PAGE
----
| Sound

Hair Of The Dog – Or Not?

Ferocious Dog shave the Mohawk and unleash the hell hounds on Highbury’s Garage.

[dropcap style=”font-size:100px; colour:#992211;”]C[/dropcap]oming on stage to the band’s voiceover statement of intent, lead singer and guitarist of Ferocious Dog, Ken Bonsall is minus his trademark Mohican but on trend in a flat cap.

These days the only people below retirement age sporting such headwear tend to be Hackney hipsters cherry picking from working-class culture while voting Tory and listening to the bland pseudo-folk of Mumford and Sons. Ferocious Dog and their audience most certainly don’t fall into that camp. Tipping said cap to the audience, he reveals his newly shorn head.

Sometimes described as a punkier version of The Levellers, that doesn’t really do justice to Ferocious Dog. Sure, there are similarities between the two bands, both musically and lyrically, and they have shared stages. But Ferocious Dog are not only punkier, they are also folkier, angrier and more staunchly political. Both bands sing about the treatment of the travelling communities by the criminal justice agencies (Battle of the Beanfield / Criminal Justice). Ferocious Dog make the link with Thatcher’s attempts to smash the organised trade union movement. Both bands sing of those driven to drink (15 Years/ Slow Motion Suicide). Ferocious Dog situate the narrative within mass unemployment and the pit closure programme. The Levellers sing of libertarianism and muse that justice doesn’t come from the barrel of a gun. Ferocious Dog rally for solidarity and call the working class to arms.

There’s a melancholy mixed in with the anger, on both a personal and political basis. Ken’s young son, Lee committed PTSD-induced suicide after leaving the army, inspiring the emotive The Glass. Additionally, Ken is a former miner and the band hail from Nottinghamshire, a county divided by the miners’ strike, giving a gritty passion to their foot-stomping rendition of English folk classic, Blackleg Miner.

Collecting donations for food banks from their fans and supporting animal rights causes, there is an authenticity about this band. Ken sports a Sheffield Hunt Sabs t-shirt on stage to promote the cause (although I’m not sure how the hunt sabs feel about the leather bracelets for sale on the band website). Speaking of Sheffield, if you’re in that area, check out the thought provoking ‘Who We Are’, Martin Jenkinson exhibition at the museum for some iconic photographs, many of the miners’ strike. Check it out here .

Aside from the obvious comparisons – The Levellers, New Model Army, The Pogues, The Waterboys, The Men They Couldn’t Hang, The Wonder Stuff during their later, folky period – there are wider influences. Freeborn John has heavy dub underpinning stark lyrics reminiscent of 1990s crusts, RDF, Culture Shock and Citizen Fishnet interspersed with furious violin. Set opener Cry of the Celts has beats with elements of traditional folk, rock and ska all meshed into a coherent whole. And therein lies the strength of Ferocious Dog. Their musical tastes are sufficiently wide to be interesting yet tight enough to hang together with lyrical content that has meaning and relevance.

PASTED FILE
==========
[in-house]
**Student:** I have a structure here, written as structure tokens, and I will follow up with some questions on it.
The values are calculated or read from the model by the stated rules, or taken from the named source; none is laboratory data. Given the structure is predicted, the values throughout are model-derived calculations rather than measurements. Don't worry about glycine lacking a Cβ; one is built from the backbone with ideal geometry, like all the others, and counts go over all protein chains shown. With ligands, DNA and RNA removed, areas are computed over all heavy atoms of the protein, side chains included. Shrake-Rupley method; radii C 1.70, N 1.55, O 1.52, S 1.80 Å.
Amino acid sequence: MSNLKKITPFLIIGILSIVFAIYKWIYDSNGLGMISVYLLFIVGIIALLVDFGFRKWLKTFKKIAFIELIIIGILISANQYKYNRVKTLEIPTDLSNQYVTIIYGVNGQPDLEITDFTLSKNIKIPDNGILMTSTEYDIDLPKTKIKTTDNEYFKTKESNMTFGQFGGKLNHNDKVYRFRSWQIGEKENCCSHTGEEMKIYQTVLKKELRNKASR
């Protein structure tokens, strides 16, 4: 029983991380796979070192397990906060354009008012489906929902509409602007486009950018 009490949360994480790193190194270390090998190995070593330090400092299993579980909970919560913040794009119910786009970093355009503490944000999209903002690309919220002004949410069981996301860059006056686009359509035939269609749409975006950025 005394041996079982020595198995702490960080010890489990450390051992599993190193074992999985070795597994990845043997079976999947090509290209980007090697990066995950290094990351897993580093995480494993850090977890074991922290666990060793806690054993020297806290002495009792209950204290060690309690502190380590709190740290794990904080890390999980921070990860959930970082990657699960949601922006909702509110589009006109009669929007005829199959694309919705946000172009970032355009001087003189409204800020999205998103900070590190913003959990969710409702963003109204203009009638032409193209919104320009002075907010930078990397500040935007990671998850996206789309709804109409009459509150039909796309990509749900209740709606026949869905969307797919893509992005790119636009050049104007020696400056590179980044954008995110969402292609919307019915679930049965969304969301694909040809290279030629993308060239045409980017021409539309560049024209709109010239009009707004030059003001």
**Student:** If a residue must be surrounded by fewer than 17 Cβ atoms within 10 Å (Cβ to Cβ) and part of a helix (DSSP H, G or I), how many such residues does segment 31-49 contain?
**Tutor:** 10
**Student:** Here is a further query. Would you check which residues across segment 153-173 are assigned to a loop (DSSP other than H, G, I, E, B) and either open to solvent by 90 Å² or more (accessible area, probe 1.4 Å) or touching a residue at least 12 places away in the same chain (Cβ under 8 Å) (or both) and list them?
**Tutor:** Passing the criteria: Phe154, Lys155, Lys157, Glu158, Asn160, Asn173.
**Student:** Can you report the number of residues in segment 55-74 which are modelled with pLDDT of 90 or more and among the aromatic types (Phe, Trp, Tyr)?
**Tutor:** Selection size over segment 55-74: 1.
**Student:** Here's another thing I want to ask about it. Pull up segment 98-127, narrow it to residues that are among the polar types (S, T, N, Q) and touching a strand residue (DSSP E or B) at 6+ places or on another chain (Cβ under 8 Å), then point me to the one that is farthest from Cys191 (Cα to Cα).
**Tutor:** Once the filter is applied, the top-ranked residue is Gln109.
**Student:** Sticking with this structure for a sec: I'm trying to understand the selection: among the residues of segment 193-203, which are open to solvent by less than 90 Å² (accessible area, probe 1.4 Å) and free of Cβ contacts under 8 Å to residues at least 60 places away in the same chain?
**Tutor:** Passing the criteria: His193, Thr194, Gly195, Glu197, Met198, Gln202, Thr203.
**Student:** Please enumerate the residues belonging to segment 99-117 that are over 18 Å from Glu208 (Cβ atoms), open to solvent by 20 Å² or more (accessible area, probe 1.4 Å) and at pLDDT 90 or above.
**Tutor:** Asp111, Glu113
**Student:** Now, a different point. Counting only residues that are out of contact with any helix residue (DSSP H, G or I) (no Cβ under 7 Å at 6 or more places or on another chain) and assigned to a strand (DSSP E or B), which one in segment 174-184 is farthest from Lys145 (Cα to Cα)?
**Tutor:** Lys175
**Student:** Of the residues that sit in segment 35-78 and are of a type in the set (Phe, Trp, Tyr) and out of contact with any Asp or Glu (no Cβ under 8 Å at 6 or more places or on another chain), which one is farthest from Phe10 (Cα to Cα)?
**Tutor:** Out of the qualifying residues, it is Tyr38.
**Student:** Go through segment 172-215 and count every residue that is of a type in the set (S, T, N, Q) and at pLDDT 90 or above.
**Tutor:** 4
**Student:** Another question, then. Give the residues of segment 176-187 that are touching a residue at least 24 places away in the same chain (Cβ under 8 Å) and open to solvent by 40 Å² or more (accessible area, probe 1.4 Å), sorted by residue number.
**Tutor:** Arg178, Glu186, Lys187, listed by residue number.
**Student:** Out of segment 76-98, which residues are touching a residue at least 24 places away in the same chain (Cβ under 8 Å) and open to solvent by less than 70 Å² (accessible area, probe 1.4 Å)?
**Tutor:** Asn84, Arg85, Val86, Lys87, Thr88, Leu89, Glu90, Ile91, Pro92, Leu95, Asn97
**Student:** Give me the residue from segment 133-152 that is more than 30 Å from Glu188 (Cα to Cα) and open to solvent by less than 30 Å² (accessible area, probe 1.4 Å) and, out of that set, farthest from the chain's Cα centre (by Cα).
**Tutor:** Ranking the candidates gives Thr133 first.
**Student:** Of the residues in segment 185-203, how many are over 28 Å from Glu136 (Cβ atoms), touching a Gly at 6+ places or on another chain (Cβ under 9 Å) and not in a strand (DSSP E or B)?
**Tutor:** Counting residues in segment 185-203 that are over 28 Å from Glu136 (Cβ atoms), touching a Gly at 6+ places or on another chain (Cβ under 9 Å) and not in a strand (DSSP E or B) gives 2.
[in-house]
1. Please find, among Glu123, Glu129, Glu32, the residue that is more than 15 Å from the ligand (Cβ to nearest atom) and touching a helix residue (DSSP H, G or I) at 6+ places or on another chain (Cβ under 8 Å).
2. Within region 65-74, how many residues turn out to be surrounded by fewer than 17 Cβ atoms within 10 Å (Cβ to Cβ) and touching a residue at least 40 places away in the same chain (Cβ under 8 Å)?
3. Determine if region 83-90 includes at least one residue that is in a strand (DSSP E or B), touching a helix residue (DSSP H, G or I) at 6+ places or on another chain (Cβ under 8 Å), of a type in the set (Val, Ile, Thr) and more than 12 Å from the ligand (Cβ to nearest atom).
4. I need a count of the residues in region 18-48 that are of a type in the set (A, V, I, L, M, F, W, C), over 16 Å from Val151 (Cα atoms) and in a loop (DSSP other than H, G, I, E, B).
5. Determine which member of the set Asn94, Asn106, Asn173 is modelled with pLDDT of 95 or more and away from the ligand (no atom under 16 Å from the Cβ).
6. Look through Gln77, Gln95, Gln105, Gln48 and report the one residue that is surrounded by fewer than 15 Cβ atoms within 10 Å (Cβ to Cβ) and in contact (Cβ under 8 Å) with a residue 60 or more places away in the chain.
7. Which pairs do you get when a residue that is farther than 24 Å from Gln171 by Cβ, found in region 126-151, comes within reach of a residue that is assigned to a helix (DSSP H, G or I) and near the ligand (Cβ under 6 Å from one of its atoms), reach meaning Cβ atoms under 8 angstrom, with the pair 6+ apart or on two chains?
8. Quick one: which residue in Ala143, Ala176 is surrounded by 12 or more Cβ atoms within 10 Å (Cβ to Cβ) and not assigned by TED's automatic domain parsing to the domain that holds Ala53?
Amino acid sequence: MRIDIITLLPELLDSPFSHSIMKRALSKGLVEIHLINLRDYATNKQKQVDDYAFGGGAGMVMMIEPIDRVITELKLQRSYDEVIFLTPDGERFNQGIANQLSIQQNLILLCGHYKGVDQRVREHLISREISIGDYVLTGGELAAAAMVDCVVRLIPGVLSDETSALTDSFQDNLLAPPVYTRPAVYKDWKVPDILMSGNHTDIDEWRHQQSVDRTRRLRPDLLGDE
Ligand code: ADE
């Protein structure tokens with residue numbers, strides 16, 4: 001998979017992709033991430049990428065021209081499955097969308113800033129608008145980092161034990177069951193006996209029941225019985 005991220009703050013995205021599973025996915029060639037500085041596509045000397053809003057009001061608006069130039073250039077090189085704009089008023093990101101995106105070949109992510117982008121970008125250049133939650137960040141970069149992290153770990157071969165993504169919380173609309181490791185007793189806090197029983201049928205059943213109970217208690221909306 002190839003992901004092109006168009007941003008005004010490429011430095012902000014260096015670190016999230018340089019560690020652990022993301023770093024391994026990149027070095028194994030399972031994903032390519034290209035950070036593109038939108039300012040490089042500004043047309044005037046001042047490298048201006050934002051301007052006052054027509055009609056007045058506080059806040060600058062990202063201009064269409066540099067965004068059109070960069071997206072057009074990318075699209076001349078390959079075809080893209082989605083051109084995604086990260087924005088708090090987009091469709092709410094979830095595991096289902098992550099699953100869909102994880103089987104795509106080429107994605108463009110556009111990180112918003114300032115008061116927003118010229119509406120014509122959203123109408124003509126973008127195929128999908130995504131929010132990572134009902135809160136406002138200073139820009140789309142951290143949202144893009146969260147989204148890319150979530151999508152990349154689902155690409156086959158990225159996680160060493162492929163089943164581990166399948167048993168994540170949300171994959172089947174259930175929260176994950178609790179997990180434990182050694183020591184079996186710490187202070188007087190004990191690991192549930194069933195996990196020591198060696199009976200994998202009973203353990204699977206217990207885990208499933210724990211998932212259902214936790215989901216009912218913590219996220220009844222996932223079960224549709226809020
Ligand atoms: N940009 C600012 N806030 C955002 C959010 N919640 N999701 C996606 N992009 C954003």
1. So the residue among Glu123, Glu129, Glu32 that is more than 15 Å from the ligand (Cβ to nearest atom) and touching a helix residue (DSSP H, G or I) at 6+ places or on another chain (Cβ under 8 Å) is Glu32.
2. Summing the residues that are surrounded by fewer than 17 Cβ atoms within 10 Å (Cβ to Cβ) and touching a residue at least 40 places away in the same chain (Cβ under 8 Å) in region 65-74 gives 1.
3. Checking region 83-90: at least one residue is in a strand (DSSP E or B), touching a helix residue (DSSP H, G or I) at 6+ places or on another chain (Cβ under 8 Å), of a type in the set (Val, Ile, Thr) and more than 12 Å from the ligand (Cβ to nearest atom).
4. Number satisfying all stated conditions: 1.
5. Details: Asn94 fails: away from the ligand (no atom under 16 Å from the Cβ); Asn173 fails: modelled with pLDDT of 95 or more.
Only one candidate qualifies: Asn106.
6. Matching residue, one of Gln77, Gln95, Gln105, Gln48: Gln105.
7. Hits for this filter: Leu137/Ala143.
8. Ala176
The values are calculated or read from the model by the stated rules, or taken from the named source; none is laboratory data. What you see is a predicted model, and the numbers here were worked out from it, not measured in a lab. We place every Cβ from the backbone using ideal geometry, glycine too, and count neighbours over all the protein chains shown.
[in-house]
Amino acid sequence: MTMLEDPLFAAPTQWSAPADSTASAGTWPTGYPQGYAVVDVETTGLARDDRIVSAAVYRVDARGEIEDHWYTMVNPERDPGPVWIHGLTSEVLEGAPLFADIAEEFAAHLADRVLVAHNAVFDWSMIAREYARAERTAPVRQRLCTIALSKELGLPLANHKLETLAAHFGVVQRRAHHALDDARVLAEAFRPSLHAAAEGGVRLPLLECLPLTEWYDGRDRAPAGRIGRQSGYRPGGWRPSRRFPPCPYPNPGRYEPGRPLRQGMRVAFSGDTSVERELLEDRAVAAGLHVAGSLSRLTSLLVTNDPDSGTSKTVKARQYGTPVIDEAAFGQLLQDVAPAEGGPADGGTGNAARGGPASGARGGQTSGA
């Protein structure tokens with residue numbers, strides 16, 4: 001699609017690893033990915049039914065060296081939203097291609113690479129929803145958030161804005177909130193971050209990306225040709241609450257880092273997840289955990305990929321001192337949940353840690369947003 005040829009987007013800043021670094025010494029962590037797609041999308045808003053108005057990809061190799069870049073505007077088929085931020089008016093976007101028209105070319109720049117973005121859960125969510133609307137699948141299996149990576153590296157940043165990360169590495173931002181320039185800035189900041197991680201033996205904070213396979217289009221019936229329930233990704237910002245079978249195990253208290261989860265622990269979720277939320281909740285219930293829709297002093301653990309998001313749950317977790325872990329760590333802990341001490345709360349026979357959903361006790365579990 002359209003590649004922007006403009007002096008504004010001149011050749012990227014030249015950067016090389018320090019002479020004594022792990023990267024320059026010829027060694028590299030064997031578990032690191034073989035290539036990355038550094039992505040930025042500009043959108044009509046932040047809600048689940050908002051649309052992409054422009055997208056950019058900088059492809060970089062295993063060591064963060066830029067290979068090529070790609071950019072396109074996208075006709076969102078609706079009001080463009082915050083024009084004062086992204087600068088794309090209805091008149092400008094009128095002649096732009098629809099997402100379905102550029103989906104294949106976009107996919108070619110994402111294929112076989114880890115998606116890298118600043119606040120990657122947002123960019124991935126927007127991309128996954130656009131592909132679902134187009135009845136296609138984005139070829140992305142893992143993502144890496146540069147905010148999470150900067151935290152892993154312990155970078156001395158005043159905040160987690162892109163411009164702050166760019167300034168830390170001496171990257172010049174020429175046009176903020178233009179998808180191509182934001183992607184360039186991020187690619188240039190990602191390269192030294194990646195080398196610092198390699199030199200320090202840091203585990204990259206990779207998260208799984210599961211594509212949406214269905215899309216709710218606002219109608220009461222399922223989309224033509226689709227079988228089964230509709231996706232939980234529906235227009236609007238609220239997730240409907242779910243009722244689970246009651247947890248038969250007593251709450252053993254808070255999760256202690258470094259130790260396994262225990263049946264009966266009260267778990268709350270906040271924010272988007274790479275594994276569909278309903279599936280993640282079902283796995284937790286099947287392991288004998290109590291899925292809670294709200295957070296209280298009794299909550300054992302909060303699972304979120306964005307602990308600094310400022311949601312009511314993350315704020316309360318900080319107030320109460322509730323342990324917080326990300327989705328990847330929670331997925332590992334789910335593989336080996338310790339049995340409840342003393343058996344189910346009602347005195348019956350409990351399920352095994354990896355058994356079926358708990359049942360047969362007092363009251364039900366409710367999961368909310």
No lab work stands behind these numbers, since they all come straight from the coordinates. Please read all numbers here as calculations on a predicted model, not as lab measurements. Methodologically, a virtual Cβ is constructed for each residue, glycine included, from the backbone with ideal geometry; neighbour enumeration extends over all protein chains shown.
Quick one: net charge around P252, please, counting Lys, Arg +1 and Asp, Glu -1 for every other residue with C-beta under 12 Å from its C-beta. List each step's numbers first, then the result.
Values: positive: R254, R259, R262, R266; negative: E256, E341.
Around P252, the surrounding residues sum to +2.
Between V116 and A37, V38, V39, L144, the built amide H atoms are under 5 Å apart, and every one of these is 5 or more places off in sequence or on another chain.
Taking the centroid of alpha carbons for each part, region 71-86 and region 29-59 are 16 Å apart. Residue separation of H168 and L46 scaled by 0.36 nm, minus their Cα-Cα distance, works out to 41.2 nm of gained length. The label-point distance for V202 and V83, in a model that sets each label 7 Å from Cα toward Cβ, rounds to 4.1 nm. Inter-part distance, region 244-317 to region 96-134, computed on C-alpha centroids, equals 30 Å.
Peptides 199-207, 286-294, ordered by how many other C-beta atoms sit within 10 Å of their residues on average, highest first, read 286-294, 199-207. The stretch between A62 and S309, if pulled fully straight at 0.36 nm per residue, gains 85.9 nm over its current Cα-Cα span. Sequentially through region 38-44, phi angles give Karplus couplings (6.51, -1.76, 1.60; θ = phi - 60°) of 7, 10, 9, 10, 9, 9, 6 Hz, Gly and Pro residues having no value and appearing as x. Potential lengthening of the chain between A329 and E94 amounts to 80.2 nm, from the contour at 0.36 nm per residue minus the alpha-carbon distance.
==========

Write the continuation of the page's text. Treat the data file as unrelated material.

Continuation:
In all the excitement, it’s easy to overlook the musical talent. Dan Booth is a mightily accomplished violinist, playing with tone, rhythm and intense speed, seen to great effect with a catchy riff in Fake News and some furious action on Gallows Justice. Multi-instrumentalist John Leonard fills the sound with mandolin and guitar strumming, banjo picking and tin whistle jingles. Meanwhile baby of the band and dreadlocked drumstick twirler, Alex Smith brings his own bottle to the proceedings through his varied musical tastes. Withs nods to indie, reggae, hard rock and dance, he gives an extra twist to the folk sound.

John Alexander is a safe pair of hands on bass keeping the numerous sounds together. On guitar is none other than Fruitbat from Carter USM. No longer 30-something, he fronted the main support band and gave us stories of being too old for rock ‘n’ roll which, judging by his performance with the headliners, was clearly a lie.

In essence, Ferocious Dog are what would have happened if The Clash had listened to folk as well as reggae, or Rage Against the Machine had spent their formative years in miners’ community centres alongside attending hardcore gigs. From telling the untold tragic tales of lives torn apart by the forces of global capital and alienation, to uplifting tunes of the enduring human spirit and hope for future social justice, Ferocious Dog give us music to provoke tears of sorrow, pride and camaraderie.

Could Ferocious Dog be any cooler? Well, it would be good to see some women on the stage. The line-up including both supports is entirely male. A poster from a previous gig posted on the internet commendably says, ‘no dickheads, racists, homophobes or violence’ but the glaring omission is sexists. That’s not to accuse the band of sexism in any way (and I know that not all of their supports on the tour are male) nor to doubt their political sincerity. There was certainly a strong female presence holding their own in the crowd. However, given that some women can find a music scene based on sweaty topless male bodies slamming against each to be a bit intimidating, a more pro-active inclusionary approach might be something to consider.

Notwithstanding that gripe, Ferocious Dog are one of the most interesting bands around. Their loyal fan base (known as the Hell Hounds after the song of that name) is set to swell. Surely it can only be a matter of time before they are closing the main stage at the likes of the Cambridge Folk Festival.



Words: copyright Sarah Corbett-Batson

Photos: copyright Carl Byron Batson (not to be reproduced without express prior written consent)      




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